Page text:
Aug 18, Colombo: Seven media organizations of Sri Lanka today protested against the Army's call for media personnel, who covered the military attack on protesters at Weliweriya on August 01, to appear before an inquiry panel.
The military crackdown on the unarmed civilians in Weliweriya staging a protest to demand the government to provide them with clean water resulted in three deaths, two of them are teenage students, and injured scores of people including several journalists.
The media organizations issuing a statement argued that the government is wasting time without conducting a proper investigation and summoning media persons before a military investigation panel was a seriously illegal and undemocratic measure that is part of the militarization of the society.
The statement accused that the government and military were trying to mislead the society pointing to a third party allegedly accused of triggering the violence.
Pointing out that media personnel have been summoned to an internal military tribunal through a summon issued with the signature of Major General N.J.C. Dias, the media organizations questioned under what law the summons are issued to media persons.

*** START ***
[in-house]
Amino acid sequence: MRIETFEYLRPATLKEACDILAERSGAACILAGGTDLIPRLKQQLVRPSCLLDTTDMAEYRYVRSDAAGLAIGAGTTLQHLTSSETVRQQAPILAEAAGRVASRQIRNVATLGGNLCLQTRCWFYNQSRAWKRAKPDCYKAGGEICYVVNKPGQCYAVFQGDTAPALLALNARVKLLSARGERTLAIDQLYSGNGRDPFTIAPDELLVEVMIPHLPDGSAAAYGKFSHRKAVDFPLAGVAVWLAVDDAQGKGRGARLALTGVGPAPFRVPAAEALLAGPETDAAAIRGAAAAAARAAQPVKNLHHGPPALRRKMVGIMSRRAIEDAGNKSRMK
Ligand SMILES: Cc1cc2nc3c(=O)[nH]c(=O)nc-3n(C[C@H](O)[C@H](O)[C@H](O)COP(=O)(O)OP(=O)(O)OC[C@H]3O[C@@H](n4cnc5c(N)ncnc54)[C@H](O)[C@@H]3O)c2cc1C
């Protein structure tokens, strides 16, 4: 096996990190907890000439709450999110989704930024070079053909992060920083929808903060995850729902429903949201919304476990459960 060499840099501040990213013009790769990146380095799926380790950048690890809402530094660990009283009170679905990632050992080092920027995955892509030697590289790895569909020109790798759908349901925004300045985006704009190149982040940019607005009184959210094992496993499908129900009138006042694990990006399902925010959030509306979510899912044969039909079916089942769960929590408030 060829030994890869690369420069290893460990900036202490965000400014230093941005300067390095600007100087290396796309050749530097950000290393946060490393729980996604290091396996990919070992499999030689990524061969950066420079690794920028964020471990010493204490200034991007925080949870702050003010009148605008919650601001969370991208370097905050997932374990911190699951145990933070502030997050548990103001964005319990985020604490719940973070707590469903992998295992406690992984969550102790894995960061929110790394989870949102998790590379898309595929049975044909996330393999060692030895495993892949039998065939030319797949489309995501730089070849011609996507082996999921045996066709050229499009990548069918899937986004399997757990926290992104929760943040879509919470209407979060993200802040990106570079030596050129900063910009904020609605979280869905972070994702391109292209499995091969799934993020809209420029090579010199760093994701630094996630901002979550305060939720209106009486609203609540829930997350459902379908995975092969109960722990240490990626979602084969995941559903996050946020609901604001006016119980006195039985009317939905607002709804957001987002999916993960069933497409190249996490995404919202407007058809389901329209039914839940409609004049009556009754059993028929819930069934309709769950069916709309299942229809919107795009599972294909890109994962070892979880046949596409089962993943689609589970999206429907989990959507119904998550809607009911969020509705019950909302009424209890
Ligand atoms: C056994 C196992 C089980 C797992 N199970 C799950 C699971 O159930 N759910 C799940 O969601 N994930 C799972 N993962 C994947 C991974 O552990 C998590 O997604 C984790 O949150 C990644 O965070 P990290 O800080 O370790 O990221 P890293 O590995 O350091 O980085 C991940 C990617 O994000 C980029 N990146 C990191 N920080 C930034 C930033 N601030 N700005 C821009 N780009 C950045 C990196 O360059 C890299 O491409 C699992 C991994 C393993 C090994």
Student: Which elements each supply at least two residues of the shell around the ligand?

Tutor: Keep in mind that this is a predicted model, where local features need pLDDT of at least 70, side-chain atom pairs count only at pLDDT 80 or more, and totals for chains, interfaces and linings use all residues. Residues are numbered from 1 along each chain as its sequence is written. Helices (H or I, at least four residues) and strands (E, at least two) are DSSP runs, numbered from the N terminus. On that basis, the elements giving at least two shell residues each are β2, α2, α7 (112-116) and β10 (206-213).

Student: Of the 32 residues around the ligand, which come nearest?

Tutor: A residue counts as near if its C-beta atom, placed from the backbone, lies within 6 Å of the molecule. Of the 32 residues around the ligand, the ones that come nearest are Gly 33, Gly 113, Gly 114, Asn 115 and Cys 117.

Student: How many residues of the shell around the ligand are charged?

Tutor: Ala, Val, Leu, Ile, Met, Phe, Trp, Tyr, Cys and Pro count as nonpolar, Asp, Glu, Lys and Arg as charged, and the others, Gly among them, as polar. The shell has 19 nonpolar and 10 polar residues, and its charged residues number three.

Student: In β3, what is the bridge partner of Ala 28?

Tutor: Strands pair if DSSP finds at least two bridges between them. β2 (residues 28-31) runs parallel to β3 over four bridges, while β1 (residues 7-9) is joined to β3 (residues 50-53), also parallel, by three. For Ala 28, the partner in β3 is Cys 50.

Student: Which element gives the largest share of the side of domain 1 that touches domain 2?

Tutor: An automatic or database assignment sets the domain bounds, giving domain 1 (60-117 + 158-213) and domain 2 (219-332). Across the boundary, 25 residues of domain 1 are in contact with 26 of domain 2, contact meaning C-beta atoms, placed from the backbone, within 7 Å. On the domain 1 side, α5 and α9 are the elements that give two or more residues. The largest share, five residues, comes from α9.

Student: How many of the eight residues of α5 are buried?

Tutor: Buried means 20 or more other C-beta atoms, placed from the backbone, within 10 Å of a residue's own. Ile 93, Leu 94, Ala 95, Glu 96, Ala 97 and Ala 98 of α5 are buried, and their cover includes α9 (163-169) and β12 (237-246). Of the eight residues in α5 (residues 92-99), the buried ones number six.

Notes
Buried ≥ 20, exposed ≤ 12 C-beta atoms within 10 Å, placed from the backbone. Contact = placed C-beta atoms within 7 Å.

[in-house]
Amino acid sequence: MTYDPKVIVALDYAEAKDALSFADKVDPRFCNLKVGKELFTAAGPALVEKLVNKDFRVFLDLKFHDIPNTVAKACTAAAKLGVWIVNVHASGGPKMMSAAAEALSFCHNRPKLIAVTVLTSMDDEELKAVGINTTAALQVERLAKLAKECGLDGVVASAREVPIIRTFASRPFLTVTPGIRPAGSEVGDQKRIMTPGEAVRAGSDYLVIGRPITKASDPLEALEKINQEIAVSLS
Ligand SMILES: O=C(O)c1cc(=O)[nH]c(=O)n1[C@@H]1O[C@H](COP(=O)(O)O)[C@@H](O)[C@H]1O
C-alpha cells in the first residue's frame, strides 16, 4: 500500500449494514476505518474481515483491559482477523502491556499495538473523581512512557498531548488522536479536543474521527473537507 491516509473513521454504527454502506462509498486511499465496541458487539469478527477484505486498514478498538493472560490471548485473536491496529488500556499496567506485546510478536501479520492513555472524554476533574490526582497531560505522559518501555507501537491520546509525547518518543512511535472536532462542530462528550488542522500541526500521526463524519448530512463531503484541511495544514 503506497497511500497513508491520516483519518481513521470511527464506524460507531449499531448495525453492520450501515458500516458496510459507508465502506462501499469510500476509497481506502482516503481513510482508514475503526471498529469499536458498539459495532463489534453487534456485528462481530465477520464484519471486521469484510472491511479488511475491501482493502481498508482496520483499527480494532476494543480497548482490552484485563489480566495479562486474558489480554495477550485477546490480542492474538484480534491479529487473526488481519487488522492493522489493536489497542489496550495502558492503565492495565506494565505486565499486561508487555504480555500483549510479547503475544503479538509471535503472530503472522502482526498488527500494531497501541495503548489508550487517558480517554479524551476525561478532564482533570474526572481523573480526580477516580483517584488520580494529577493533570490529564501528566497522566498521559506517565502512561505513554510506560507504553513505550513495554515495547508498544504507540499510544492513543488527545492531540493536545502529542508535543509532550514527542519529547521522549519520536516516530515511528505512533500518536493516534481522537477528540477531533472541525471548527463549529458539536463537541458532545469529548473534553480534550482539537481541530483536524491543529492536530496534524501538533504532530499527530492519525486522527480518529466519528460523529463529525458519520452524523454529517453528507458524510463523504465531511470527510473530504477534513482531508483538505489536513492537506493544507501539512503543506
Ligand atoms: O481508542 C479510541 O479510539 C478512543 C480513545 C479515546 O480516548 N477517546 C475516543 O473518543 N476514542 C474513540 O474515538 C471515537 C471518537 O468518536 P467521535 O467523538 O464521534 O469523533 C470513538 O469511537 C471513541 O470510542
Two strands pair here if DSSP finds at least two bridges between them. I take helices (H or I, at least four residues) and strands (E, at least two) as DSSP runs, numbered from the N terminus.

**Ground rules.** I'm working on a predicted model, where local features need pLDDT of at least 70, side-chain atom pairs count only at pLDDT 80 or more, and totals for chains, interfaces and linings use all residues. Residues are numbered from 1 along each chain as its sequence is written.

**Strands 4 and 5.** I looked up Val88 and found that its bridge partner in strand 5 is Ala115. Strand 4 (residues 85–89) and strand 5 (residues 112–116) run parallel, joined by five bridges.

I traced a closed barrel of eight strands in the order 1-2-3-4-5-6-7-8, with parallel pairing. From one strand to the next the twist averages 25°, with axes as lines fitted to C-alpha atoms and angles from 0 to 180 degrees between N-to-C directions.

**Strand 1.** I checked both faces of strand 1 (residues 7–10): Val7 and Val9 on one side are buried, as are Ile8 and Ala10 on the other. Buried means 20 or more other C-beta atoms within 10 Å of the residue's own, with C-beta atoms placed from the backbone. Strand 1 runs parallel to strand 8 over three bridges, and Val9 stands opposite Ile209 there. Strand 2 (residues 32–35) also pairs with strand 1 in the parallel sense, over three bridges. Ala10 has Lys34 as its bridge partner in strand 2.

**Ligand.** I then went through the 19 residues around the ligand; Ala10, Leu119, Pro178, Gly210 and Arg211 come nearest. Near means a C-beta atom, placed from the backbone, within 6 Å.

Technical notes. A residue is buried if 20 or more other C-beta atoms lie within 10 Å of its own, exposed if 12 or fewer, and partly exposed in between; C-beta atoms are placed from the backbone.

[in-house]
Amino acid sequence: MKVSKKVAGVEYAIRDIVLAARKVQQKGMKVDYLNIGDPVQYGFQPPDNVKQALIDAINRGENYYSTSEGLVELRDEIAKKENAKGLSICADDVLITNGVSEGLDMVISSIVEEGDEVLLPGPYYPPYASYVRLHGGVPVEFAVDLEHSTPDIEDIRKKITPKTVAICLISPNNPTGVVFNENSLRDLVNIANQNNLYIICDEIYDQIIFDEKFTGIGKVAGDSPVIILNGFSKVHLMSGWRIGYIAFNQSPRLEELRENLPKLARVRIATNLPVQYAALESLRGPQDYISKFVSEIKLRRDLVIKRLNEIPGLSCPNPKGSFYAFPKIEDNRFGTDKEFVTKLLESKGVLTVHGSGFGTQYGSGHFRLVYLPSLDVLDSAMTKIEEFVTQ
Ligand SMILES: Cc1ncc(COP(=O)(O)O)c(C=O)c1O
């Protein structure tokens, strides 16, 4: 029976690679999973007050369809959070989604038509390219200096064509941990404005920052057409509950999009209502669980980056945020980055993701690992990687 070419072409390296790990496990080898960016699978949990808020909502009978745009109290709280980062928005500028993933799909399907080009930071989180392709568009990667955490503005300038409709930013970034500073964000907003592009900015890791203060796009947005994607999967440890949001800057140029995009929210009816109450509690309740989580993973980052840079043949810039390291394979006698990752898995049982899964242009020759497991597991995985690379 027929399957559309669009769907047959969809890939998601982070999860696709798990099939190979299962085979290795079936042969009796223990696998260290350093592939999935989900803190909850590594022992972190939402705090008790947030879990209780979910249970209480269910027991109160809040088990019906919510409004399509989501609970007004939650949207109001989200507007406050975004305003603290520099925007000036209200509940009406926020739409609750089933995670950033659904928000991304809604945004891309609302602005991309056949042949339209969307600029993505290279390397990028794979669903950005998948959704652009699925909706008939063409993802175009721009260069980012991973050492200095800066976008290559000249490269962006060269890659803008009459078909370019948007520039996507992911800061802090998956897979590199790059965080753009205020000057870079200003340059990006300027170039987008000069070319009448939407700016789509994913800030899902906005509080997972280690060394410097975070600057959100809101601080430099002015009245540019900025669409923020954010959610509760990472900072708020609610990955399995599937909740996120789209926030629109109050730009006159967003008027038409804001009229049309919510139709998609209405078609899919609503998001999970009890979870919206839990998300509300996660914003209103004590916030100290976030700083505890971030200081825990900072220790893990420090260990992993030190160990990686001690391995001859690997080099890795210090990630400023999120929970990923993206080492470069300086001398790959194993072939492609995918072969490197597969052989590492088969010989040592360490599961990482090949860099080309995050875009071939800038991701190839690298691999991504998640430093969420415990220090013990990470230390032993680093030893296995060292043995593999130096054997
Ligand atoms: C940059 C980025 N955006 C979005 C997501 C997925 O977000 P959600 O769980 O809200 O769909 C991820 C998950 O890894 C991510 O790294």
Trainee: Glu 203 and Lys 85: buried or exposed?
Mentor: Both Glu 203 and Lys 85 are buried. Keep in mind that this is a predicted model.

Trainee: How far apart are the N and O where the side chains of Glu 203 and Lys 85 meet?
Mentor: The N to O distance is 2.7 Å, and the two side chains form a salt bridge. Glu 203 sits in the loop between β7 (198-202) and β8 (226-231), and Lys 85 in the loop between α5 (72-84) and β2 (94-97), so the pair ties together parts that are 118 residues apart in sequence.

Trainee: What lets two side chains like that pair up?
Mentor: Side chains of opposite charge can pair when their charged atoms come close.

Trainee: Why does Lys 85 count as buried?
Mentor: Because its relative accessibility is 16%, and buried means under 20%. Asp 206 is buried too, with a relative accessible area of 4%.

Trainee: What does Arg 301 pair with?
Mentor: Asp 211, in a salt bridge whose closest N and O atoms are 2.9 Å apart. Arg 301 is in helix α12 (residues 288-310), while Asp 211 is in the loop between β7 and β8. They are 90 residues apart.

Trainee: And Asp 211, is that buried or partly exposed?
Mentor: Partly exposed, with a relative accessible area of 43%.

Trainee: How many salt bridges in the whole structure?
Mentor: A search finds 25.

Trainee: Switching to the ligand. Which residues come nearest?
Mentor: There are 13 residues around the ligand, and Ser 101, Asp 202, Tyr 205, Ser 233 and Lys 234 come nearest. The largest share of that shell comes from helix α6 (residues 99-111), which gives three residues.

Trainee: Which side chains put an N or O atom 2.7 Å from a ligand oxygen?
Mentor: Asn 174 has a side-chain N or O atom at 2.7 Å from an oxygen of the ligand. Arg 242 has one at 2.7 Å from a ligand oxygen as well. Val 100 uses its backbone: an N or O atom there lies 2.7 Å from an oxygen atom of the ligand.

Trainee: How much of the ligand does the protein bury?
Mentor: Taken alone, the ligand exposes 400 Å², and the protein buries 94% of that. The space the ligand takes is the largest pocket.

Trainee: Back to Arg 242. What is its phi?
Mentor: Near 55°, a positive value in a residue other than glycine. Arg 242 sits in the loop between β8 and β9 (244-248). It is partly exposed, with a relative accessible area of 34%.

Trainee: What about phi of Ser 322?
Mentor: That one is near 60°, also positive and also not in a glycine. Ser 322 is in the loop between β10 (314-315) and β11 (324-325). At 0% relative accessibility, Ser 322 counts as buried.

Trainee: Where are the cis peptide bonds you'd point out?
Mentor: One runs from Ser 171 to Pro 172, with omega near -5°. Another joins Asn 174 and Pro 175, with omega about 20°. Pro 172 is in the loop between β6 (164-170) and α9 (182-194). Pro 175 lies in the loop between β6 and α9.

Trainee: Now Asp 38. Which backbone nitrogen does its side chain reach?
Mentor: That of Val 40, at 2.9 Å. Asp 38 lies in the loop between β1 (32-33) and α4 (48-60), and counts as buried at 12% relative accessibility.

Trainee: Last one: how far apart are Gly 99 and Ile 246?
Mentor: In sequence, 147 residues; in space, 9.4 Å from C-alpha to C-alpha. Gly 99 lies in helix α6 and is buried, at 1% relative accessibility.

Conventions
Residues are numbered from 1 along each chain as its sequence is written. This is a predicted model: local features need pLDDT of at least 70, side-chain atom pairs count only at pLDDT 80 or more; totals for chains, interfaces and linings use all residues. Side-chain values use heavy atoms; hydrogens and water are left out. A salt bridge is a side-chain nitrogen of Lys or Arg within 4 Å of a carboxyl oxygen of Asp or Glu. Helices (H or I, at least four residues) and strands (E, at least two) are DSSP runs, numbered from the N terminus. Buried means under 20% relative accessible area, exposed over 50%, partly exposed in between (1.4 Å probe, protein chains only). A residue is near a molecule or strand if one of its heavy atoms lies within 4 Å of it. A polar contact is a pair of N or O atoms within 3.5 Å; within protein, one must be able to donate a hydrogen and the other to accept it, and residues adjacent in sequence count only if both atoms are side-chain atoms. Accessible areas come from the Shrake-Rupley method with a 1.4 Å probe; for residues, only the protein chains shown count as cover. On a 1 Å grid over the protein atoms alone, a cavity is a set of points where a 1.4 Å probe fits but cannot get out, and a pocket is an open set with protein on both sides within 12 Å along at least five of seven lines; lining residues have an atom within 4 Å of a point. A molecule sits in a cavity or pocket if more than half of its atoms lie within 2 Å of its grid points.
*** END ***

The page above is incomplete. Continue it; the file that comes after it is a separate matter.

The Army Court of Inquiry appointed by the Army Commander Lieutenant General Daya Rathnayake has issued summons to the media personnel to appear before the panel to record their statements on the clash where the Army is accused of firing at the people.
The Court of Inquiry has reportedly asked the journalists to report to the Commando Regiment at the Ganemulla camp at 9 a.m. Saturday.
Sri Lanka Working Journalists' Association, Federation of Media Employees' Trade Unions, Sri Lanka Muslim Media Federation, Sri Lanka Tamil Journalists' Association, South Asian Free Media Association, Free Media Movement and Media Movement for Democracy were the signatories of the statement.
It has been reported that earlier Army personnel have visited the residents in Weliweriya area and asked them to report to the Ganemulla camp to record their statements. However, the residents have objected to the military directive and complained to the Sri Lanka Human Rights Commission, Sunday Times reported.
The Army Commander has later issued an order that the civilians could give their statements at any police station.